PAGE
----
As many Americans know all too well, driving ability can deteriorate quickly with age, and with that increased risk obviously comes higher auto insurance bills. As such, many older Americans – most of whom lived on lower, fixed incomes – may be on the lookout for ways to cut their auto insurance bills. Therefore, it could be wise for insurance agents who have older clients to work more closely with these people in particular to help them find ways of reducing their risk, and with it, their monthly premiums.
Nationwide, about 23 million people with drivers’ licenses are 70 years of age or older, and only about 6 percent of those people – slightly less than 1.4 million – say they’ve had a conversation with someone about their ability to drive safely these days, according to a new survey from Liberty Mutual Insurance. Despite this fact, 84 percent say they would be open to talking about the issue, but just haven’t done so.
“These are difficult conversations, but important to have early and often, because everyone ages differently,” said David Melton, driving safety expert with Liberty Mutual Insurance and managing director of global safety. “Too often, these discussions are avoided until warning signs appear or, worse, there is a crash. It’s a step we all need to take to ensure the safety of our loved ones and the community.”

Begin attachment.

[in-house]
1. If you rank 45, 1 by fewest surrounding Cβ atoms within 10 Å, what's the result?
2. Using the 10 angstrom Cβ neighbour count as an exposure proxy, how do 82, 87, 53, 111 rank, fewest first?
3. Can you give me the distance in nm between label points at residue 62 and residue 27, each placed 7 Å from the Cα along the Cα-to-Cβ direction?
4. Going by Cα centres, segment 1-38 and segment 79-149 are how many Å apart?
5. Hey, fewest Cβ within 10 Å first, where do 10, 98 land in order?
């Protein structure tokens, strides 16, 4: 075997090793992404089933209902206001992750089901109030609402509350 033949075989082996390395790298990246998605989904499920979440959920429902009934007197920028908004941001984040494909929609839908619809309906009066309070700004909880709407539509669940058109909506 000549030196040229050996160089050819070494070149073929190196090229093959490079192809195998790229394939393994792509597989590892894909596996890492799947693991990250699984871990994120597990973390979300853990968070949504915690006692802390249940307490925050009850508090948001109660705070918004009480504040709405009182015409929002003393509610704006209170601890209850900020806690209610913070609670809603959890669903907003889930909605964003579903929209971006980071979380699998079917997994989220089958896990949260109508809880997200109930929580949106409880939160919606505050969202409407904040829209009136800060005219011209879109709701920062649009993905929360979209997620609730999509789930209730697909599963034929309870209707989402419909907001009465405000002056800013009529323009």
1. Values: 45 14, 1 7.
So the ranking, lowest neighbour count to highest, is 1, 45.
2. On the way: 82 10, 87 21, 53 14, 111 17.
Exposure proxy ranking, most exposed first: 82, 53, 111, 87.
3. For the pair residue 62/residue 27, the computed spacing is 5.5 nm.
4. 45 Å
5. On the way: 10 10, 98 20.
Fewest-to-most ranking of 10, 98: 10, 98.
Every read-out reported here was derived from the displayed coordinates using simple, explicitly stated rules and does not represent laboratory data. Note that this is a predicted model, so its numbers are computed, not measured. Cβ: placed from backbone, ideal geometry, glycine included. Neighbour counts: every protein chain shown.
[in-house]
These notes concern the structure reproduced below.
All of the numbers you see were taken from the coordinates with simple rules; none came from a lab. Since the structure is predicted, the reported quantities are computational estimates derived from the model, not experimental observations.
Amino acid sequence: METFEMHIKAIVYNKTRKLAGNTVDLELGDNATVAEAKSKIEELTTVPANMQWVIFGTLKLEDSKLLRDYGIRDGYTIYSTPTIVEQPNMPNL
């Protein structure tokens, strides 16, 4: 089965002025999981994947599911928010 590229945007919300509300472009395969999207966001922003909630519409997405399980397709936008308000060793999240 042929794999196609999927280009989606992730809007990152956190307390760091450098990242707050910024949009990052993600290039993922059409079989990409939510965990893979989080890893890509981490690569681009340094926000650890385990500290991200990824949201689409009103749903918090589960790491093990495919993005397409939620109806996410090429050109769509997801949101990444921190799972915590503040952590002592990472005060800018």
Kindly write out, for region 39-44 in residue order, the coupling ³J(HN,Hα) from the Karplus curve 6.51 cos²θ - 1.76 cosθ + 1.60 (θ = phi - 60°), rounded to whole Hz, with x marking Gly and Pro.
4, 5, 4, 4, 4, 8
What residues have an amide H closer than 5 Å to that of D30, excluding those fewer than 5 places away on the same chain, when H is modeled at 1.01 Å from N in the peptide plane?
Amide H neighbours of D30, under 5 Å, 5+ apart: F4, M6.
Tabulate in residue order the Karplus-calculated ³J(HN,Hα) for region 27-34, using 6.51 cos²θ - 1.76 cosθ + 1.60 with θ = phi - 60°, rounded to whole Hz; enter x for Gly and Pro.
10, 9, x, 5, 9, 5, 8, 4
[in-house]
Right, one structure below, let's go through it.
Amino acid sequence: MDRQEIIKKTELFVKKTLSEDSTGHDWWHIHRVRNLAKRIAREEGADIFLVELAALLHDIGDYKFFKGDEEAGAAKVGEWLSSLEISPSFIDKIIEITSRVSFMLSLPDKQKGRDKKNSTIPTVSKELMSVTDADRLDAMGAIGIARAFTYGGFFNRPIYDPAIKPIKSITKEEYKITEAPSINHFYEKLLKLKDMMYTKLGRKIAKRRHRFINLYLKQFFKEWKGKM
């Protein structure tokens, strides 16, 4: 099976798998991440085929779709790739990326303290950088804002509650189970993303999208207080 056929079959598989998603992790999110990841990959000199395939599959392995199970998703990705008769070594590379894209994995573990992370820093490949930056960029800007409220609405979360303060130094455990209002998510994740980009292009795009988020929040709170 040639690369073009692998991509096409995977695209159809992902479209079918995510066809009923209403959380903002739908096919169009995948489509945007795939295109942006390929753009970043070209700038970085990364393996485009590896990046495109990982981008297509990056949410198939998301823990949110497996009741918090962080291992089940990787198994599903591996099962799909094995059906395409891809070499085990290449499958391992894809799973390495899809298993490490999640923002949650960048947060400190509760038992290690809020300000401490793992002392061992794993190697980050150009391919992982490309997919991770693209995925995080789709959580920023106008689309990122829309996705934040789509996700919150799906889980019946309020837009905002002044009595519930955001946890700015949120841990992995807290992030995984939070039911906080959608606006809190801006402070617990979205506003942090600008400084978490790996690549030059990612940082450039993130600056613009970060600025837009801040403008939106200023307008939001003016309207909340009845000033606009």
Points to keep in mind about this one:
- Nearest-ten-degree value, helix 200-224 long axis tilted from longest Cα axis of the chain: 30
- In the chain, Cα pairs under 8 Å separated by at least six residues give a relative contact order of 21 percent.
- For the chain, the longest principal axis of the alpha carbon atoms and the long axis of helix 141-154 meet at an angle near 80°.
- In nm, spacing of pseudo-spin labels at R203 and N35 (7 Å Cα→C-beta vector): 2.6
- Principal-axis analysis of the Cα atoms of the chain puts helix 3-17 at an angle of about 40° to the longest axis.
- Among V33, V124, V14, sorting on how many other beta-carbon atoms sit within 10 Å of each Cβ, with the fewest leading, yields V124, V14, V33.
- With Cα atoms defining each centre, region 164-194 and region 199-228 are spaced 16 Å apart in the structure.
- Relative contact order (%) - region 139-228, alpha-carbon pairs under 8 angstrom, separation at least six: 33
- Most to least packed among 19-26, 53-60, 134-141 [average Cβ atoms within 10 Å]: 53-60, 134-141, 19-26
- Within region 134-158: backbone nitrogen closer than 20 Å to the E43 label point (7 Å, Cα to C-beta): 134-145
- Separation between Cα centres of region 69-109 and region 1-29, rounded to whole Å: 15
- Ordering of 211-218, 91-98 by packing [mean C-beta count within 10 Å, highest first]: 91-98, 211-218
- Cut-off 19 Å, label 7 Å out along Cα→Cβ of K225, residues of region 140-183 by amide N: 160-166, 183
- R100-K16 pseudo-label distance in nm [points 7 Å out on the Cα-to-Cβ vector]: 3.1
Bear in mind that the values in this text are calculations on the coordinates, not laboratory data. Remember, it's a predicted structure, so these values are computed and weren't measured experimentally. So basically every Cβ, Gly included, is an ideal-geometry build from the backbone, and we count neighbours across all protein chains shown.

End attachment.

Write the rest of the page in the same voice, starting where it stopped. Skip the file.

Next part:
Digging into the numbers
Among respondents 75 years old or more, 41 percent drive every day, and 38 percent drive at least several times a week, the report said. Despite this fact, 16 percent say they struggle with slower reaction times, 13 percent say they have trouble seeing or hearing, and 9 percent think they can sometimes get lost or confused while behind the wheel. Moreover, 85 percent say it’s harder for them to drive these days when it’s dark out, when traffic is heavy or when they don’t know the area.
Insurance agents should try to keep in mind that when it comes to clients of all ages, many tend to value good customer service over the mere ability to find them better deals on their coverage. If the two can be brought together, then it’s all the better, but for the most part, people would rather have a good relationship with their insurer or agent than find the absolute best deal available.